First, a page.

Studies Show That Growing Up In Poverty Changes Children's Brains

Two key areas are wired differently.

It shouldn't be hard to be a kid.

While a parent's job is to provide for their children, it can be exceedingly difficult for families living in poverty to consistently meet all of their child's needs. Insecurity of nutritious food, child care, health care, and even housing not only stresses out the parents, but affects the children as well. Unfortunately, a growing body of research has found that these disadvantages lead to more problems than just not wearing the coolest clothes at school.

A new study published inThe American Journal of Psychiatry has found that growing up in poverty alters brain connectivity in two critical areas: the hippocampus — responsible for memory and learning — and the amygdala, which regulates emotions and stress. This leaves impoverished children at an increased risk of poor academic performance as well as mental disorders such as depression, even before they are teenagers.

The researchers performed brain scans on preschoolers and followed up with mental health assessments for the next 12 years. 

"Our past research has shown that the brain's anatomy can look different in poor children, with the size of the hippocampus and amygdala frequently altered in kids raised in poverty," first author Deanna Barch explained in a news release. "In this study, we found that the way those structures connect with the rest of the brain changes in ways we would consider to be less helpful in regulating emotion and stress."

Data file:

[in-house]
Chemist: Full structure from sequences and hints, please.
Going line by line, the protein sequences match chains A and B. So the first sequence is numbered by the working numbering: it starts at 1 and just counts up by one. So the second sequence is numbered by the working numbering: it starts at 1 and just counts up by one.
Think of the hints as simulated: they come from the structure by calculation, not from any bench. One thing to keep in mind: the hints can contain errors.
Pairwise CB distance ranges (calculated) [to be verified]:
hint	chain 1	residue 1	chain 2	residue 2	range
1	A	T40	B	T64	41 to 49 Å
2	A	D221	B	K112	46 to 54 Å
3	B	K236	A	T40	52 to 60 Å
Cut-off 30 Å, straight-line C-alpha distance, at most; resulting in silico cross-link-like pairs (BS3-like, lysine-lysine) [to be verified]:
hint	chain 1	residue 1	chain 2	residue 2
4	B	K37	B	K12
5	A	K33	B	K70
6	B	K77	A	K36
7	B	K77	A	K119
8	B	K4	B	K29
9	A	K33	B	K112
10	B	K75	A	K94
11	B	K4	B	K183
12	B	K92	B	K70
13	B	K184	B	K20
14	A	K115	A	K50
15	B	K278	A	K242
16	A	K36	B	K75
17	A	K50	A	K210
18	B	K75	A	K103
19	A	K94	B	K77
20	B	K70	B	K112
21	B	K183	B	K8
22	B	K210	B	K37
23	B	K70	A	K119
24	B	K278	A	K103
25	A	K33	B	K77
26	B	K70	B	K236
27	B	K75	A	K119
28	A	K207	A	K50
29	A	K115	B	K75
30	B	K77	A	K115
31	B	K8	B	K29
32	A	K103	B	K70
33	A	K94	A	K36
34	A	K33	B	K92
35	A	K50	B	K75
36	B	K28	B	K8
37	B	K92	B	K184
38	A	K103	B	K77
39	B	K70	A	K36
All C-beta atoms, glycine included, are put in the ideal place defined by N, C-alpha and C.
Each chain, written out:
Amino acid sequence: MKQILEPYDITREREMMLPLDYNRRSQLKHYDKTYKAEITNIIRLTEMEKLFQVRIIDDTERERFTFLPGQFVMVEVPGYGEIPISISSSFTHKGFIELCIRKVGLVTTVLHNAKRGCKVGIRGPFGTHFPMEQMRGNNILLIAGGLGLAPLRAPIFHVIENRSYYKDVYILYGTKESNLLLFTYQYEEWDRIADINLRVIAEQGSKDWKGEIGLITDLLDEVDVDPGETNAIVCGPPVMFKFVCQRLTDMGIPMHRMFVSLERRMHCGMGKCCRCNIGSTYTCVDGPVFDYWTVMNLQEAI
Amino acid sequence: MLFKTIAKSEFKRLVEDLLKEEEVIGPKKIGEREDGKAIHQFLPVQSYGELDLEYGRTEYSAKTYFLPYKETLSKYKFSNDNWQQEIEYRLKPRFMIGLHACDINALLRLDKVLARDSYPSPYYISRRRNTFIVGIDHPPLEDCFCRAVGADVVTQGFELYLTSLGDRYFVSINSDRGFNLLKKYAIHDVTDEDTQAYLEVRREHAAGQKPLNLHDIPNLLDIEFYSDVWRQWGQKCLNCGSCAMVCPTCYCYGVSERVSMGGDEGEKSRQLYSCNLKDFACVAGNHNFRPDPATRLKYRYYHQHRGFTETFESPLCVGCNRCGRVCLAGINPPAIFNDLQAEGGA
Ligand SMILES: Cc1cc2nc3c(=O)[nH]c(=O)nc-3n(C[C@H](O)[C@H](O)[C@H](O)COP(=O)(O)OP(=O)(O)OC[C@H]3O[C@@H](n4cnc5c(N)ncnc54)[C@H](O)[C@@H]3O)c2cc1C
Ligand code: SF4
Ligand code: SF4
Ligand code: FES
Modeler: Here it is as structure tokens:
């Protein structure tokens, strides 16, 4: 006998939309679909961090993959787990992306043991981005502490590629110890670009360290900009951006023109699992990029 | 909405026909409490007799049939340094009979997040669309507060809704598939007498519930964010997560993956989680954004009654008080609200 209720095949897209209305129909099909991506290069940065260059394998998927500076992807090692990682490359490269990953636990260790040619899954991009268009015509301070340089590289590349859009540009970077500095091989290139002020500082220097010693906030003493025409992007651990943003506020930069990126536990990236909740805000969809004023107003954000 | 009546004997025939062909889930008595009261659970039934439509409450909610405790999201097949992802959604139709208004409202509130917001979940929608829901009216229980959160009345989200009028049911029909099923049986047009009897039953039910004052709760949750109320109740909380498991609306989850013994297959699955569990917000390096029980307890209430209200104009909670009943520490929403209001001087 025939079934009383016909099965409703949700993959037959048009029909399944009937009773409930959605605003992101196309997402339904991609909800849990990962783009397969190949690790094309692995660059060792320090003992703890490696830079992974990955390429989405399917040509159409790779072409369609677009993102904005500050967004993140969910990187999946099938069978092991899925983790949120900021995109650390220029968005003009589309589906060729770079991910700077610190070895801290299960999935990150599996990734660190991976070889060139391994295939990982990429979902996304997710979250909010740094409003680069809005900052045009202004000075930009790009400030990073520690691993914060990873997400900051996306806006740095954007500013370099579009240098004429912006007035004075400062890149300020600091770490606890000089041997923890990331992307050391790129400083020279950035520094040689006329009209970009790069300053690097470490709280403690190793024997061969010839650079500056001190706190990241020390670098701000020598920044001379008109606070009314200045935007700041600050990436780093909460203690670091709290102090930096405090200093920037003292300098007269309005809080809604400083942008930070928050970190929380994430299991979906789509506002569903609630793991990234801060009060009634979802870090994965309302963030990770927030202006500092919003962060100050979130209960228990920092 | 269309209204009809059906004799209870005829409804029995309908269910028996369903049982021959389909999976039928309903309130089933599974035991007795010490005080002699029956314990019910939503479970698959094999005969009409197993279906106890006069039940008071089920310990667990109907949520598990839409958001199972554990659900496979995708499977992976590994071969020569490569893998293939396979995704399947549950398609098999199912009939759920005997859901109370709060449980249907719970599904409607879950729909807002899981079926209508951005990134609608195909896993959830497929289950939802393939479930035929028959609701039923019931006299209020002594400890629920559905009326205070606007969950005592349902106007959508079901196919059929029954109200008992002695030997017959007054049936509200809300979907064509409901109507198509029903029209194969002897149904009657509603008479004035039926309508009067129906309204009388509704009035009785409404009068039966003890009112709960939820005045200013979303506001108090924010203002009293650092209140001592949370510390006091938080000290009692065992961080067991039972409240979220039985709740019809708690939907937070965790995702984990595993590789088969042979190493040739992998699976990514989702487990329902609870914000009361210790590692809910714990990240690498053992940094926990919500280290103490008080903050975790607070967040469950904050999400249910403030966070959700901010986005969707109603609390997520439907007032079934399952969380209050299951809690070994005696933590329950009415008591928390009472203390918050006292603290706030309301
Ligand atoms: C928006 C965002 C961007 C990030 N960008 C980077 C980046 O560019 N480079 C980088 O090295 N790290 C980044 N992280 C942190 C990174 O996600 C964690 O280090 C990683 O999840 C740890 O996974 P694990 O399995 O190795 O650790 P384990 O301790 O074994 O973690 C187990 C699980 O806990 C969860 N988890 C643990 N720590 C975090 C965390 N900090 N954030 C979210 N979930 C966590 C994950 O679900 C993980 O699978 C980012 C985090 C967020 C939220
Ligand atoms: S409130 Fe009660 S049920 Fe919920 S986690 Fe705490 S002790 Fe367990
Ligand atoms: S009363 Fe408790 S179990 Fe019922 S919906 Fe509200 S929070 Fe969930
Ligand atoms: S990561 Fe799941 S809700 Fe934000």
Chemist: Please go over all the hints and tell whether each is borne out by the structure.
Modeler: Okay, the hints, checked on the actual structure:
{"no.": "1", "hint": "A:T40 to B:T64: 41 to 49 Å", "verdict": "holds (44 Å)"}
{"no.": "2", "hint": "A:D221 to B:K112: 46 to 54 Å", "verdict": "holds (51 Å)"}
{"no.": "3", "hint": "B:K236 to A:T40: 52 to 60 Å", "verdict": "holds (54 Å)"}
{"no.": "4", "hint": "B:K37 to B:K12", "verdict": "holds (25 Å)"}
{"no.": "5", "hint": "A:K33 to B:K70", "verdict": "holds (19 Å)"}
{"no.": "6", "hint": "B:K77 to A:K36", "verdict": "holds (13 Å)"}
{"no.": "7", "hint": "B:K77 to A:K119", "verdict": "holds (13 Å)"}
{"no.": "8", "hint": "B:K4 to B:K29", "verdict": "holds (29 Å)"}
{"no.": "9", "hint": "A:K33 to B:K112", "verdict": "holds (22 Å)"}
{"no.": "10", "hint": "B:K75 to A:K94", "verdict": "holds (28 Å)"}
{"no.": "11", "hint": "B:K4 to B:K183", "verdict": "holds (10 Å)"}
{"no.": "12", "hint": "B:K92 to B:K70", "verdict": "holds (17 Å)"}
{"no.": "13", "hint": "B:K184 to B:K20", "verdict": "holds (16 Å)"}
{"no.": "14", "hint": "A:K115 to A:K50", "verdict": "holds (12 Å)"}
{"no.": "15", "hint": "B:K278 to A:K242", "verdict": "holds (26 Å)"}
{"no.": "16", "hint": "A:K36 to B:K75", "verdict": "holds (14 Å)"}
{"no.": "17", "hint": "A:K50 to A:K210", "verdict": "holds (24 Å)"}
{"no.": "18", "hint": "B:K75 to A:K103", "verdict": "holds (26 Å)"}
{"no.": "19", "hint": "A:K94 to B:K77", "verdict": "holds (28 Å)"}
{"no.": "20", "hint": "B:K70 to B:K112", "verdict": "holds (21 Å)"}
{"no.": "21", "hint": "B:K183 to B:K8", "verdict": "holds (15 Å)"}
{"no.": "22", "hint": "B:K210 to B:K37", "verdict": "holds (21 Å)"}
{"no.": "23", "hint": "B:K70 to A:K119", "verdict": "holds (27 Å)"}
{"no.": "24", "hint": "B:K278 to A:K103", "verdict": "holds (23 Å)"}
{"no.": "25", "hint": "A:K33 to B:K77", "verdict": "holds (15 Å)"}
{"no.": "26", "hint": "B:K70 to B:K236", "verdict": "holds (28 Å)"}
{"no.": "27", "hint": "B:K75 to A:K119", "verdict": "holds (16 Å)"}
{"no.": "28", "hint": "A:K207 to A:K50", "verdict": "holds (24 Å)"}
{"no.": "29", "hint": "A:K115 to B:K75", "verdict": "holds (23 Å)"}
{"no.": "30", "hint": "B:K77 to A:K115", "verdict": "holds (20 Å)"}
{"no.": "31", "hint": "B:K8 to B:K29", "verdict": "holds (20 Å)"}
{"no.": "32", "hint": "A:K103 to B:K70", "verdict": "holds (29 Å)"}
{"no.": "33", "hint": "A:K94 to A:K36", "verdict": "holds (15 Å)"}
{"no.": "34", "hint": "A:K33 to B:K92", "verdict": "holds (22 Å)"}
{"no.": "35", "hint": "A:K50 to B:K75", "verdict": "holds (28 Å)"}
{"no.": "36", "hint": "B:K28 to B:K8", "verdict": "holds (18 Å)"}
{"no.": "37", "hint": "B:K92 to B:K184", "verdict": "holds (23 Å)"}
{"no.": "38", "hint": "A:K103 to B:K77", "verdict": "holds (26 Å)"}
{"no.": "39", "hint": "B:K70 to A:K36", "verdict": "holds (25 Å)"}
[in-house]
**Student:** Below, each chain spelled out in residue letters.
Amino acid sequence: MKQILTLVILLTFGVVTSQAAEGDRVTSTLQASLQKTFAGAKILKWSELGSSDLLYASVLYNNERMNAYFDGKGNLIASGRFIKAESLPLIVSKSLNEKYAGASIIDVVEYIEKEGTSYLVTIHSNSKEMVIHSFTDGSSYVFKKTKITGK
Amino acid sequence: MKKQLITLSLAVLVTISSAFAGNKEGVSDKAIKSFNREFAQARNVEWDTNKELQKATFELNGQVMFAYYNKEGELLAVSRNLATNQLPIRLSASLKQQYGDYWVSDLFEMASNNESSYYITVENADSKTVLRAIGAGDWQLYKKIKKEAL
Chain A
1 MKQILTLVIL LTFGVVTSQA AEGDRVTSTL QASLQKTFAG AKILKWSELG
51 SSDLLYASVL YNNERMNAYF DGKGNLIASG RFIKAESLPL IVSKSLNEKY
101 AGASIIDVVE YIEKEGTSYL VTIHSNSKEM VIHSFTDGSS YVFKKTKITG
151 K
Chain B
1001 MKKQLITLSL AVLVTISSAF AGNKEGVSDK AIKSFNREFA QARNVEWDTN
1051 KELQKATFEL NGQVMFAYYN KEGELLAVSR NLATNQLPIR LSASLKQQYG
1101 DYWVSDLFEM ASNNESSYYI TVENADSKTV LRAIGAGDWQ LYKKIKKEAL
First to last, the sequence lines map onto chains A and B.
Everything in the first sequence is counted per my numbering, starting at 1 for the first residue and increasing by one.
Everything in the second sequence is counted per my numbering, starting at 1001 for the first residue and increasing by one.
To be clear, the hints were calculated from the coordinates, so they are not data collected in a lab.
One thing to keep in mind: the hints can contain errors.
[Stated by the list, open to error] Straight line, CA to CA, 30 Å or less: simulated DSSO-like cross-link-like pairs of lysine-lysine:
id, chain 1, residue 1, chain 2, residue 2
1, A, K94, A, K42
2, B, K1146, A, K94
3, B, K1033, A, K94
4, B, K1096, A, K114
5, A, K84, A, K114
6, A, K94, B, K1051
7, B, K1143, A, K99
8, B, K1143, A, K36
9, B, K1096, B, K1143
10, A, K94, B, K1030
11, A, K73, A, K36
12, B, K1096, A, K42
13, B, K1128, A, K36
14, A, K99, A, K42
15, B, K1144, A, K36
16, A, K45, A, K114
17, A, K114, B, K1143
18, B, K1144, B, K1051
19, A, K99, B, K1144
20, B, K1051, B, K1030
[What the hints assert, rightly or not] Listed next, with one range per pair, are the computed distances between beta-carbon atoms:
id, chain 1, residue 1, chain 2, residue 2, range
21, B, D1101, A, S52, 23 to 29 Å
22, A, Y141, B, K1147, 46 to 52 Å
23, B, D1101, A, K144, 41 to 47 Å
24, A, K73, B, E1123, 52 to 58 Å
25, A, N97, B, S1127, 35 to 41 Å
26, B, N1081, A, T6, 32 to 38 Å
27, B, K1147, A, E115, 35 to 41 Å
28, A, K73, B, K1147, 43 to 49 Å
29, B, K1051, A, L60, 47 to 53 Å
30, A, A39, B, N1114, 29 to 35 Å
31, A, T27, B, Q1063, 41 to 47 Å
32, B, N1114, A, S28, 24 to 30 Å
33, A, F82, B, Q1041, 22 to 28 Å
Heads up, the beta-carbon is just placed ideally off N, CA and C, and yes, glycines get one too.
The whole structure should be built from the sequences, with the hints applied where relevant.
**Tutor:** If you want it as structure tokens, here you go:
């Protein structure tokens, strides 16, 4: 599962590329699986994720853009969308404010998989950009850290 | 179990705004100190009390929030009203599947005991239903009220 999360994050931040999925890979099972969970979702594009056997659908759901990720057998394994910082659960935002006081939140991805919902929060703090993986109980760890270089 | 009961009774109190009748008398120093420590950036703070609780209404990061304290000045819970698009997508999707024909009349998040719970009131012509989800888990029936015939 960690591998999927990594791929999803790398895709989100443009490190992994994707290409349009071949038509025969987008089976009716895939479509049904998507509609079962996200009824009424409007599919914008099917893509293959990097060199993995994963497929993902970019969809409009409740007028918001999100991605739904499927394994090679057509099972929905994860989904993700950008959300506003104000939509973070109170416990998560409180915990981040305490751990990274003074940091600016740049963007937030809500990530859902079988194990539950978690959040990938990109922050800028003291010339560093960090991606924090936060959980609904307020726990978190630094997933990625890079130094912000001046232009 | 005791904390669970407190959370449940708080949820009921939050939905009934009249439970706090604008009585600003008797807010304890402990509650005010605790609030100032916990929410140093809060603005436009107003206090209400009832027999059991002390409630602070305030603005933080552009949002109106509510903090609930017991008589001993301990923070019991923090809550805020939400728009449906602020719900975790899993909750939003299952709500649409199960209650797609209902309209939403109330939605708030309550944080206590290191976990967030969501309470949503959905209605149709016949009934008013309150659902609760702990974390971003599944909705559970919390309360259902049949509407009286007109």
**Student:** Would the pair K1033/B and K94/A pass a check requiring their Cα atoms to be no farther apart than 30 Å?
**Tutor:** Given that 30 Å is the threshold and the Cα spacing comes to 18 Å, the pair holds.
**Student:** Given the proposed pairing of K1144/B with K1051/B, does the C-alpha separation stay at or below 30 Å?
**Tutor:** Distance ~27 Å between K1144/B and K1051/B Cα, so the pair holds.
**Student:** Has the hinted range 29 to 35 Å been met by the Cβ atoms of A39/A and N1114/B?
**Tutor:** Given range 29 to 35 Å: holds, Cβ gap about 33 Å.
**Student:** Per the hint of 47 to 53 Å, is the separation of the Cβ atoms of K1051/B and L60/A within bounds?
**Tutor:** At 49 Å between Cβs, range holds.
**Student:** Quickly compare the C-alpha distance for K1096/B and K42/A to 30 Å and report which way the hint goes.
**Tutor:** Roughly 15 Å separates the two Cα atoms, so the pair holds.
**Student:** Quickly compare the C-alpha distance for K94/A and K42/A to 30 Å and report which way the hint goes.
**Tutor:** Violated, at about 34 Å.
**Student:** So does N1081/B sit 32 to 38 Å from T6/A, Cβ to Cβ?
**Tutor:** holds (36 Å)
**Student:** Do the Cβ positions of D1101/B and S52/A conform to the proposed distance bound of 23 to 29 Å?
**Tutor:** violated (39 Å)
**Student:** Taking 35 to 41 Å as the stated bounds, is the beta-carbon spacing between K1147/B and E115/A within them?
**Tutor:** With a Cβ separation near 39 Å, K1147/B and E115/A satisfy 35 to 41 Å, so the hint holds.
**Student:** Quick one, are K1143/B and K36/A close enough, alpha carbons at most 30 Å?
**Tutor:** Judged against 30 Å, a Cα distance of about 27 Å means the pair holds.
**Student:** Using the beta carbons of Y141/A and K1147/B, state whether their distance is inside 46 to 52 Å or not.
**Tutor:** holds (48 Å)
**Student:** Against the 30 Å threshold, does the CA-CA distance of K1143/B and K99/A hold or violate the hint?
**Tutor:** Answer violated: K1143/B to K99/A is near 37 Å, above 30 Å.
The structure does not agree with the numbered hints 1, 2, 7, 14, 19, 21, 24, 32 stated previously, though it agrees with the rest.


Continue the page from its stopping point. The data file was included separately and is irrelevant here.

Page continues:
An unrelated study published in December 2015's Psychological Science found that the negative effects of poverty are so high, it is even able to overpower any genetic advantages a child may have in the United States. In the other countries where the researchers looked, comparatively more complete social welfare programs that care for the child's most basic needs alleviate much of the daily stress that comes with living below the poverty line.

Children's brains are quite plastic, meaning they're readily able to change and adapt. This accounts for their ease of learning during their formative years. Unfortunately, growing up in such stressful conditions negatively alters these structures that are key to predicting success. While the authors of the current study previously found ways to compensate for the volume differences in the hippocampus and amygdala, they state that there currently isn't a way to make up for those decreased connections.

Children who grow up in these conditions are unlikely to get the education necessary to rise above their circumstances and will likely continue the cycle with their own children. By understanding how living in poverty affects children, researchers can make recommendations for programs that reverse these trends, giving every child the best chance at a bright and happy future.

Cover image: Volodymyr Borodin/Shutterstock